Hoof Boot Friday

You may not know this but today is Hoof Boot Friday. Because I say it is. In honor of this day I’m doing routine maintenance on my hoof boots. The mules have traveled 1,200 miles in them. They need a bit of love.

My hoof boot collection. Brick wears the 4 boots on the left. Cracker’s are the 4 boots in the middle. The 2 on the right are spares. The orange pieces on the far right are replacement soles.
Where I’m celebrating Hoof Boot Friday (Central City, NE).

Brick and Cracker don’t have steel shoes on their hoofs. Instead, they rely on hoof boots to protect their feet from abrasion and sharp objects they encounter walking up the road. The mules have walked through 8 states in the last 3 1/2 months. Their boots have taken a walloping. The good news is there’s nothing major to repair – just standard ongoing maintenance like replacing a few worn out soles and broken cables.

One of my hoof boots that needs repair. The top looks fine but….
…the toe has a hole in it. It’s important to remember that this boot has gone over 500 miles on a mix of asphalt, gravel and grassy road shoulder. The good thing is that you can resole these boots.
The resoled boot. It takes me about 10 minutes to put a new sole on one of these boots. It’s nice to re-use all the other still perfectly good boot parts and just replace the sole, not the whole boot.
My “repair facility”. Cracker and Brick are supervising.

I’ve used a variety of boots in my travels, mostly Easy Boots and Renegades but also Cavallos and Scoot Boots. I’m currently using Renegades because I find them best suited for the long voyage I’m on. They’re tough, not too bulky and pretty straightforward to maintain. No, I don’t get my boots free from Renegade. I have to buy them like everyone else.

Happy Hoof Boot Friday.

Oh, and if you’d like to learn more about hoof boots, check out this extensive field report my wife Julia and I did on 3 major brands of boots and how they performed in some pretty grueling conditions.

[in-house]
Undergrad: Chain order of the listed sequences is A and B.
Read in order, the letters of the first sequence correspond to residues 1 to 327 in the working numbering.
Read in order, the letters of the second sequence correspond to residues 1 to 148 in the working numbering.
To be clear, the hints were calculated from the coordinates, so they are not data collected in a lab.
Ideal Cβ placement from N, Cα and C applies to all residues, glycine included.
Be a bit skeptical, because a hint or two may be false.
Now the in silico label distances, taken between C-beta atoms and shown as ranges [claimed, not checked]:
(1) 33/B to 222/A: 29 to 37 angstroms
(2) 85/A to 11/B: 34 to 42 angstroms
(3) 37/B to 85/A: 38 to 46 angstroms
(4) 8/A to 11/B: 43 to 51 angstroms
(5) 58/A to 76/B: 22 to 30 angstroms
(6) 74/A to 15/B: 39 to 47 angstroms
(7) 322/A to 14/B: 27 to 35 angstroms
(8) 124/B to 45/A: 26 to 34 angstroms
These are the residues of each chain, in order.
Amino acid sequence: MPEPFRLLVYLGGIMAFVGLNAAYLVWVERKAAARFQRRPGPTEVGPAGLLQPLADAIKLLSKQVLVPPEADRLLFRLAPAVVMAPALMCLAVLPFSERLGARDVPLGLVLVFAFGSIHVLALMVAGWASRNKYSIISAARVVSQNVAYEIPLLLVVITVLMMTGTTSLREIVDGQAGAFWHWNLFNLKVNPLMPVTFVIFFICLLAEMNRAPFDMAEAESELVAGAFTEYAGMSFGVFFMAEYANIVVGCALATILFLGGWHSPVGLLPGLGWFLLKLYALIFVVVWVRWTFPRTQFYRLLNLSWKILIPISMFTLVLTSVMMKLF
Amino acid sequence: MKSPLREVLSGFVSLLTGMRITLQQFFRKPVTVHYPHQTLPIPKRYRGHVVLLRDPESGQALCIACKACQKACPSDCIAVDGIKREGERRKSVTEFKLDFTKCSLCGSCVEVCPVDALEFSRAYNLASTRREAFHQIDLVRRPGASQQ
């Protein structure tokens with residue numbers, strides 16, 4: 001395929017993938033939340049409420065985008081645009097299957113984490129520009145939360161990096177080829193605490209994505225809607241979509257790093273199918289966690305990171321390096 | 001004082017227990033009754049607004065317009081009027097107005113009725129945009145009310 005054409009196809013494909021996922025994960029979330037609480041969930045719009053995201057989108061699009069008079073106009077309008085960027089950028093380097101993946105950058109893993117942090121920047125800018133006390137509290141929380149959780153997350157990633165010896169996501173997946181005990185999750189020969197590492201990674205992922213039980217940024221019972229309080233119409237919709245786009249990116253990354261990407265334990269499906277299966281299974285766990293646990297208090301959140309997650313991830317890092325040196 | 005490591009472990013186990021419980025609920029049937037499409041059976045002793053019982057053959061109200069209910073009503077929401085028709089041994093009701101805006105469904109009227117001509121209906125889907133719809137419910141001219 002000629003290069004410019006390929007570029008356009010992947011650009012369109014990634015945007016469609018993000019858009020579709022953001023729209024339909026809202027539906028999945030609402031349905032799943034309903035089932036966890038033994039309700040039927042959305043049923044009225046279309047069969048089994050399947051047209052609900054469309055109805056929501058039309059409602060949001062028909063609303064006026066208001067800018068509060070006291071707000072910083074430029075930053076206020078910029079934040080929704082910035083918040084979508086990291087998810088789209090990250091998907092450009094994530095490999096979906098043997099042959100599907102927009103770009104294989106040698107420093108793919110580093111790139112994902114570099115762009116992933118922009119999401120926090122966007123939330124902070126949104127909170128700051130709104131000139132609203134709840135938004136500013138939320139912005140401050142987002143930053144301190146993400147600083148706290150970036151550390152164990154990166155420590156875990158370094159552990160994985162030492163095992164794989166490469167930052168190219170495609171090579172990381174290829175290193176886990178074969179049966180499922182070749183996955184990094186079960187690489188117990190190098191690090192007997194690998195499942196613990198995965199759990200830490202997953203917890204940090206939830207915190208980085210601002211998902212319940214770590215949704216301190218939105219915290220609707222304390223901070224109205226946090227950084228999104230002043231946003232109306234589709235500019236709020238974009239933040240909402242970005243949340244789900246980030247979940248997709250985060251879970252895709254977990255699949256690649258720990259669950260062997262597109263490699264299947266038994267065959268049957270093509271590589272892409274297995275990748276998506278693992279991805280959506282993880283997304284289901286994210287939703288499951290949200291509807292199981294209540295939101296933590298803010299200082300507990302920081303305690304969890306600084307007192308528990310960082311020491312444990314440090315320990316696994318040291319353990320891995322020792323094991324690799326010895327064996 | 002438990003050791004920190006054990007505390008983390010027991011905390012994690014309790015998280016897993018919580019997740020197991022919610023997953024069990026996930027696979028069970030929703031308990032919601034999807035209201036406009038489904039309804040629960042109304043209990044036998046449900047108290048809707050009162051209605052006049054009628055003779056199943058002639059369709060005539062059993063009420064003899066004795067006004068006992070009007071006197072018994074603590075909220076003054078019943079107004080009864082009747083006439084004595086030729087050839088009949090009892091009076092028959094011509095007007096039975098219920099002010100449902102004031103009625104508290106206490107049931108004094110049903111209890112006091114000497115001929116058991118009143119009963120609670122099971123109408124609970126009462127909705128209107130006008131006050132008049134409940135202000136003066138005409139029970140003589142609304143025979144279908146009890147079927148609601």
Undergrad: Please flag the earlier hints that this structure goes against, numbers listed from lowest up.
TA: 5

Boot Links:

6 Responses to Hoof Boot Friday

  • This comment is not about hoofboots as it should be but instead I am blown away by Cracker in the last picture…He’s the fattest I’ve ever seen him. He even, dare I say it, looks somewhat “fat”. I am so happy about this, as we had imagined him being a skinny dude by nature, that he would look rail thin on this voyage. It was one of our top concerns when you set off. So great job keeping him porked up.

    • I love the term – “porked up”. I’m thinking the land of Meat and Potatoes is agreeing with Cracker. He’s got the most weight on him he’s ever had which is amazing given how hard he’s working. Or maybe it’s those Charles Atlas books I’ve been reading him before bed time…..

  • Thank you for the post. I have been contemplating boots for my mule Jasper. After much research, I have decided to go with the renegades. Jasper has tender feet and steel shoes can’t keep the sharp rocks away and he is always flinching when he steps on them. The farrier had ideas,to toughen his soles but they don’t help much. He still has problems with the sharp ones and I feel bad riding him…So, boots it will be.

    • Christine, Your choice to go with hoof boots is solid. My wife Julia’s Haflinger got really tender feet at one point. We fitted him with Renegade hoof boots and that solved the tenderness issue. Gradually, over time, she’s ridden him increasingly barefoot and that’s really helped toughen up his soles. There’s just no short cut for making a hoof tougher. Hoof boots really help. All the best to you and Jasper! PS: you may have to ease out the cables on your hoof boots to compensate for an often taller and wider heel on mules (as opposed to horses). Just contact Renegade on how to do this. I’ve done it on every pair of boots I run on my mules.

    • We have been happy Renegade users for many years. Since we are not riding great distances, we only boot front feet. Rear feet toughen up naturally, and of course carry less weight. Did not know about replacement soles. Very cool! Thanks Bernie

      • Howdy Todd, Yeah, being able to replace the soles is a very cool feature! The rest of the parts (aside from the cables which I break more often that I should) seem to last for darn near ever. Back home we, too, usually only boot on the front feet. Out here, pouring on the miles, the back feet need protection too. Have a great weekend. Bernie

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